WESTMINSTER MPs have commended the Irish community across Britain for its “solidarity” and “togetherness” shown in the face of the pandemic over the past 12 months.
Speaking exclusively to The Irish Post this week, Jack Dromey, the MP for Birmingham Erdington, and Liam Byrne, MP for Birmingham Hodge Hill, praised the strength of the community despite the “desperately sad” times we have experienced over the past year.
In a message to Irish Post readers marking St Patrick’s Day, the Labour MPs, who are both “proud” sons of Irish immigrants, said: “This St Patrick’s Day will not be like any other in generations.
“When the country went into a national lockdown on the day before St Patrick’s Day last year, none of us could have foreseen that we would still be living under restrictions for the following year’s celebrations too.
“However, in spite of the tragedies we have all witnessed over the past year, our communities have come together to show support and solidarity. None more so than the Irish community in Birmingham, the city we represent, and Britain.”
They added: “The Irish in Britain can be rightly proud of the rock in tough times that they have been.”
Mr Dromey, who has been the MP for Birmingham Erdington since 2010, was born in Britain to parents who hailed from Tipperary and Cork but came to England in the 1940s.
Mr Byrne, who has been an MP since 2004, was born to parents from Dublin and Sligo, who followed in the generations that came to rebuild Britain in the post-War years.
“Growing up, we both saw the great solidarity and cohesion of the Irish community in Britain,” they explain.
“It is heart-warming to witness this togetherness reaffirm itself during the desperately sad times we are living though.”
Commenting on the huge efforts made by Irish community organisations to support those most in need during the pandemic, the MPs highlight the work of GAA clubs and NHS staff in particular.
“Over the past year our GAA clubs, for so long the bedrock of Irish communities, have transformed themselves to support the community through coronavirus,” they explain.
“The Erin go Bragh club in Erdington has worked tirelessly to deliver food parcels to the elderly and vulnerable.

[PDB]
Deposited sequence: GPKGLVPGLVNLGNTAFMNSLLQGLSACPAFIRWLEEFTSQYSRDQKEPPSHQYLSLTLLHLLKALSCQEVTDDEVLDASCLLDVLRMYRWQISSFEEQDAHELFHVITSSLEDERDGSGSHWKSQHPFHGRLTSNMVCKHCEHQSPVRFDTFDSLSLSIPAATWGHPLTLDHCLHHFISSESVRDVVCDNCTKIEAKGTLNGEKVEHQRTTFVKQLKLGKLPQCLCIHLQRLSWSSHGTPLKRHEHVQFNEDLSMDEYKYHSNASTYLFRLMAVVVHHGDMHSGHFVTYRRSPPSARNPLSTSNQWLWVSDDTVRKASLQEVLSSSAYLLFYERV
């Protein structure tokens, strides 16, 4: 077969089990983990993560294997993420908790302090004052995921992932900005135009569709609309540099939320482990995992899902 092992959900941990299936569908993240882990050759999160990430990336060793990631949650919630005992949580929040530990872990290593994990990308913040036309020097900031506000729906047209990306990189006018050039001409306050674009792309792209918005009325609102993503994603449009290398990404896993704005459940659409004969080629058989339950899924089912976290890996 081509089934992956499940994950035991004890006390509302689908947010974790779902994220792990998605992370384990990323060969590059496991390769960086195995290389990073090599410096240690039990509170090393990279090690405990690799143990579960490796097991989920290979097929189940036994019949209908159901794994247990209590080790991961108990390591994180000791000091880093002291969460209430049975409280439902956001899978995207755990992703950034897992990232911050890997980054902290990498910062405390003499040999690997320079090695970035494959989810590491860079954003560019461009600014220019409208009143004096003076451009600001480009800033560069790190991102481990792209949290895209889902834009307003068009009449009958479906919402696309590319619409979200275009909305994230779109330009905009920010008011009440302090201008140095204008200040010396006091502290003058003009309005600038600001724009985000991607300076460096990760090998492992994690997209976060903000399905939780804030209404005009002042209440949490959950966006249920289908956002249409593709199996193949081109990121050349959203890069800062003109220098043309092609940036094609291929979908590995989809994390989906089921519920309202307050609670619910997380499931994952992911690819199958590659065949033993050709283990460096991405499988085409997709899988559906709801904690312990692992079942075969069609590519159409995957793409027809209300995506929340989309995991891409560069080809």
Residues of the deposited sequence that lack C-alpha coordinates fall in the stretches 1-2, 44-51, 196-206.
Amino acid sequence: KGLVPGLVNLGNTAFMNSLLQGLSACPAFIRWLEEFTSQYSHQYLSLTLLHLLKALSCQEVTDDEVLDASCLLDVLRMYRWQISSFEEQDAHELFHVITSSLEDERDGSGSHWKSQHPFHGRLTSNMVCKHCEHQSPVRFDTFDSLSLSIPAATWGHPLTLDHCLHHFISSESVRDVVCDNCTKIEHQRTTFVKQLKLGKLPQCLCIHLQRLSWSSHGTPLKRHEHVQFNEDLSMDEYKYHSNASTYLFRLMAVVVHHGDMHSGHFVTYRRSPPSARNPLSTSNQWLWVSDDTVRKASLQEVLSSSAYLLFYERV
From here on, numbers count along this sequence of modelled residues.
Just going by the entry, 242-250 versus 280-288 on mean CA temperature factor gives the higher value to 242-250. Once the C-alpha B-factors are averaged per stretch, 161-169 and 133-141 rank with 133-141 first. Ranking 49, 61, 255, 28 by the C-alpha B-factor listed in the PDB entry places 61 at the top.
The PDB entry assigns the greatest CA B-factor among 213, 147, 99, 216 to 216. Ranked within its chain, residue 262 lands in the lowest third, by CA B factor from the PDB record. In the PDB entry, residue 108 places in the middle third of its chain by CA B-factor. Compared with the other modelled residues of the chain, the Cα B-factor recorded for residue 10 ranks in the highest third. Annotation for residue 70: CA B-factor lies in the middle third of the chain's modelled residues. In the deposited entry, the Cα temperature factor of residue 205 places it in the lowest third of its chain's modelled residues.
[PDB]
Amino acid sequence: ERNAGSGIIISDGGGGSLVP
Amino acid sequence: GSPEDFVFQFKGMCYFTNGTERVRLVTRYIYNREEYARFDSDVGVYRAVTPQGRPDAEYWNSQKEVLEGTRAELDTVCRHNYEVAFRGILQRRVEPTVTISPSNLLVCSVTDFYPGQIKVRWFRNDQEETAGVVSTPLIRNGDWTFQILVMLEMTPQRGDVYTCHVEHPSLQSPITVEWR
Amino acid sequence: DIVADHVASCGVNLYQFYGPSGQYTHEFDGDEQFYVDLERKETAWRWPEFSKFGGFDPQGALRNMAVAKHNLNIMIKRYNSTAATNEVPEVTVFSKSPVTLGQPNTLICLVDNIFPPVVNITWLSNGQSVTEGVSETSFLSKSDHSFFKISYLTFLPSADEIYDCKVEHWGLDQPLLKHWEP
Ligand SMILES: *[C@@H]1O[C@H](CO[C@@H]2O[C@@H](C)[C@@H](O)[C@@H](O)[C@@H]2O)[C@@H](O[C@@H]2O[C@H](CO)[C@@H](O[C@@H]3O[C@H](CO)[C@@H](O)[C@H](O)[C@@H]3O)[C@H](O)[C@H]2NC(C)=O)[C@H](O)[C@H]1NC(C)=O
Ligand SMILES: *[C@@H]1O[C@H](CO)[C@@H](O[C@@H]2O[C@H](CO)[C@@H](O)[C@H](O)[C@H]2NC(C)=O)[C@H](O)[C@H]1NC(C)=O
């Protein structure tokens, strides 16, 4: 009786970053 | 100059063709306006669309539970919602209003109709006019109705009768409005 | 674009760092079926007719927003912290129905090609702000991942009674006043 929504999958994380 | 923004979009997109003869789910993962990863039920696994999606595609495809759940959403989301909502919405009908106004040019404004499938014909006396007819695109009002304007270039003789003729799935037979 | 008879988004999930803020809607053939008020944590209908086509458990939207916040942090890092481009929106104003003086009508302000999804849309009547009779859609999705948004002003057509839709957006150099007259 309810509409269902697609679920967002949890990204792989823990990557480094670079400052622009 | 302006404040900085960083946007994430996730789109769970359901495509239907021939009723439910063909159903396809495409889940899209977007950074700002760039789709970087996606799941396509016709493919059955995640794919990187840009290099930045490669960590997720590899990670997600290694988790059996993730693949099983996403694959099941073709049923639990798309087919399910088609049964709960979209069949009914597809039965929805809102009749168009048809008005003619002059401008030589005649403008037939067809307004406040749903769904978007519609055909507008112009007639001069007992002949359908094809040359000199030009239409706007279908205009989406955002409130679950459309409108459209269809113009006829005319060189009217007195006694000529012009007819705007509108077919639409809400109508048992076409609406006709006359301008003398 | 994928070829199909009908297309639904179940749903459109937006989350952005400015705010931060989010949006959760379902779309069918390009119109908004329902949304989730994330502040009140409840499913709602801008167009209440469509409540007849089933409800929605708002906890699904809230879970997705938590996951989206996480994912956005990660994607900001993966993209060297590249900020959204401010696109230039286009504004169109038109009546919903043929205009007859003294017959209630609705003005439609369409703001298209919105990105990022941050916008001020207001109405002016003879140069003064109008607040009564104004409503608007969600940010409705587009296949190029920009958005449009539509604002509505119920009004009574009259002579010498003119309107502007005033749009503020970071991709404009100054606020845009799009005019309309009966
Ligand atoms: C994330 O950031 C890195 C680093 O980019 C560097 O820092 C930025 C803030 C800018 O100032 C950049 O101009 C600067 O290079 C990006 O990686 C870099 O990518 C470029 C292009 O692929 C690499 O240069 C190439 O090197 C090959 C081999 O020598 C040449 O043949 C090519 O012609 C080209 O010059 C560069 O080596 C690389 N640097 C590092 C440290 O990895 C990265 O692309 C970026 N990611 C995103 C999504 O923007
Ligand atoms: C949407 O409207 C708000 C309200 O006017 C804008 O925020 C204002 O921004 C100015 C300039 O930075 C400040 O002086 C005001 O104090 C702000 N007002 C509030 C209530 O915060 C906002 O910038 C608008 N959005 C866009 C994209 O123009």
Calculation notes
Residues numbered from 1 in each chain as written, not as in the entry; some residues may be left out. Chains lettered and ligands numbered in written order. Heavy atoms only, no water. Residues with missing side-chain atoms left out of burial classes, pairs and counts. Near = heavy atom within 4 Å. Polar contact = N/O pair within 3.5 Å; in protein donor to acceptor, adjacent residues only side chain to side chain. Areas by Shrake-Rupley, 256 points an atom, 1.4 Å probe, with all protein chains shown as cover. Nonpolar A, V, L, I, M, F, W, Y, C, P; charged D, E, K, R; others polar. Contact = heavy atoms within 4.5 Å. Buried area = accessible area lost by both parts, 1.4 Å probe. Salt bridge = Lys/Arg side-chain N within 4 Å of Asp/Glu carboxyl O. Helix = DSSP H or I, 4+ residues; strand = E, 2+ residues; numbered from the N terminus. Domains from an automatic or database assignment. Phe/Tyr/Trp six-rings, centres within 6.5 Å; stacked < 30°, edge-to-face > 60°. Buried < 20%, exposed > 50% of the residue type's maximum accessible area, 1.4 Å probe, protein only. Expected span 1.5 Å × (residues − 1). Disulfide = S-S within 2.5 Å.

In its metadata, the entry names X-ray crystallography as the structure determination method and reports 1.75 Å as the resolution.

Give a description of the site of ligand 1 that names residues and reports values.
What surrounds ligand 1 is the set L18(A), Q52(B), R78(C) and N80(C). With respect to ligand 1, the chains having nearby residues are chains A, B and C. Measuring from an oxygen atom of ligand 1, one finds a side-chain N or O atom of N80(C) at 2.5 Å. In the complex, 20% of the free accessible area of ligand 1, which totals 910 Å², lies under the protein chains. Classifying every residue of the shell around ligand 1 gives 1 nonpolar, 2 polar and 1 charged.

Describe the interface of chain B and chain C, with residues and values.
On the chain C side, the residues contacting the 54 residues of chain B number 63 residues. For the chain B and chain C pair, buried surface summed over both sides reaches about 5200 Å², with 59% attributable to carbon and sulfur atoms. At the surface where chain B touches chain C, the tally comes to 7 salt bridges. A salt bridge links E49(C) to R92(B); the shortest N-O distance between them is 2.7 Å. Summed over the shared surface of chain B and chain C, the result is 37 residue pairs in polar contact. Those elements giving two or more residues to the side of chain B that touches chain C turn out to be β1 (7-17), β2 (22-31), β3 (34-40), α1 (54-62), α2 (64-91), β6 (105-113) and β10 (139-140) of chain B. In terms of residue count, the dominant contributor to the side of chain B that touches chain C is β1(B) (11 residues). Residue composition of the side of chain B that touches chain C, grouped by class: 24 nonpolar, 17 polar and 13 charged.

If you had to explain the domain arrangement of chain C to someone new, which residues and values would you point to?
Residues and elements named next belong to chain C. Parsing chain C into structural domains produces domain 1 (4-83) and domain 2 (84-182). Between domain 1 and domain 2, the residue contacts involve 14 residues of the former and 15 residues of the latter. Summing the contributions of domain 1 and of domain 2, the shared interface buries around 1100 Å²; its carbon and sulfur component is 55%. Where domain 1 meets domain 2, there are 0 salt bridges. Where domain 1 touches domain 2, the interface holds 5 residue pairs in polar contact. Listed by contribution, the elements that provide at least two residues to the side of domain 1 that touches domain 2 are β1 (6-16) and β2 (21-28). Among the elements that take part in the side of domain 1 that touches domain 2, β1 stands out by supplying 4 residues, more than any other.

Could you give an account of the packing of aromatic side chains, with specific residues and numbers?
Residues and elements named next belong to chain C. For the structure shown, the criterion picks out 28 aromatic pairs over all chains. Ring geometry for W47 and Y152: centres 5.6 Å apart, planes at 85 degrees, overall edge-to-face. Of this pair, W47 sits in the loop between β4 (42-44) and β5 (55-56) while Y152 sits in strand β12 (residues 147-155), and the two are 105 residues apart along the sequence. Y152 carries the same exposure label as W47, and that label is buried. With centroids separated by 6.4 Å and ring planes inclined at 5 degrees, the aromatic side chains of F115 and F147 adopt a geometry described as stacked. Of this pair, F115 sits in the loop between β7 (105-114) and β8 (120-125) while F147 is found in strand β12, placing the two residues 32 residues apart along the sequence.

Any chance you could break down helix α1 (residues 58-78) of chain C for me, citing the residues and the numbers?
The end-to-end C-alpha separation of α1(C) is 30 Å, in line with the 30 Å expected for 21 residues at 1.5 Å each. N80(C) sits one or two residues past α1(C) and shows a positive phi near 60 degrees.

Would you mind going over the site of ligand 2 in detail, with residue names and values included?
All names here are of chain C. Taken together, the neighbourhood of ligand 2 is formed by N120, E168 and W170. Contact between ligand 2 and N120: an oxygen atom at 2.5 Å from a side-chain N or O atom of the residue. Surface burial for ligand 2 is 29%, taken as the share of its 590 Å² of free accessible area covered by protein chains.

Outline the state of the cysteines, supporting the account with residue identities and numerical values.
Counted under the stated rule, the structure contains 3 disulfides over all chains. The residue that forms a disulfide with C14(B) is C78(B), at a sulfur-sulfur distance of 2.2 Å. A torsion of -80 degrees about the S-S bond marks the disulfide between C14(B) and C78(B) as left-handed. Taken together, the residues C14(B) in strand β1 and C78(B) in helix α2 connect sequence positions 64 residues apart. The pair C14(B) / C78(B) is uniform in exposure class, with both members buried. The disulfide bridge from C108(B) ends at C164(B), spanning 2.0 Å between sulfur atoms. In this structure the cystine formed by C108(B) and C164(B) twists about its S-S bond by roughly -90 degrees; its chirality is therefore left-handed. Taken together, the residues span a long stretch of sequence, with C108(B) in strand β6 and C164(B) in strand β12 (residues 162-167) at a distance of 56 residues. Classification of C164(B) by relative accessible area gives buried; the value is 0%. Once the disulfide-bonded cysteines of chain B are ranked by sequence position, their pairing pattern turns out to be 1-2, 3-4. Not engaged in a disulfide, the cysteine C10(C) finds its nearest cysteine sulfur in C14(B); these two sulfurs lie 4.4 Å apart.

“So too have the other GAA clubs in Birmingham - Sean McDermotts, John Mitchels and St Brendan’s – risen to the challenge at a time of need, providing food and friendship.”
“And of course, who could forget the 14,000 strong Irish workforce in the NHS,” they add.
“I’m sure all of us will have personally seen the tremendous dedication of our nurses, doctors and all workers in the NHS during this terrible year. Their efforts will never be forgotten.”
In a poignant closing message, the pair call on the community to reflect on its achievements during the pandemic as we celebrate a very unusual St Patrick’s Day this week.
“This St Patrick’s Day, we can reflect on what the Irish community has achieved during the past 12 months,” they state.
“And the story of the Irish in Britain and those generations – the men and women who built Britain – will forever be a source of great pride to us all.
“This year, we can add to that story the dedication and care of younger generations of the Irish in Britain, who cast aside fears for their own safety, to come together and care for the elderly and vulnerable at our moment of greatest need, also helping children and young people to return to school.”
They add: “This St Patrick’s Day, after an awful year, let that vision be our focus as we look to brighter months ahead: a proud Irish community, rebuilding a stronger Britain.”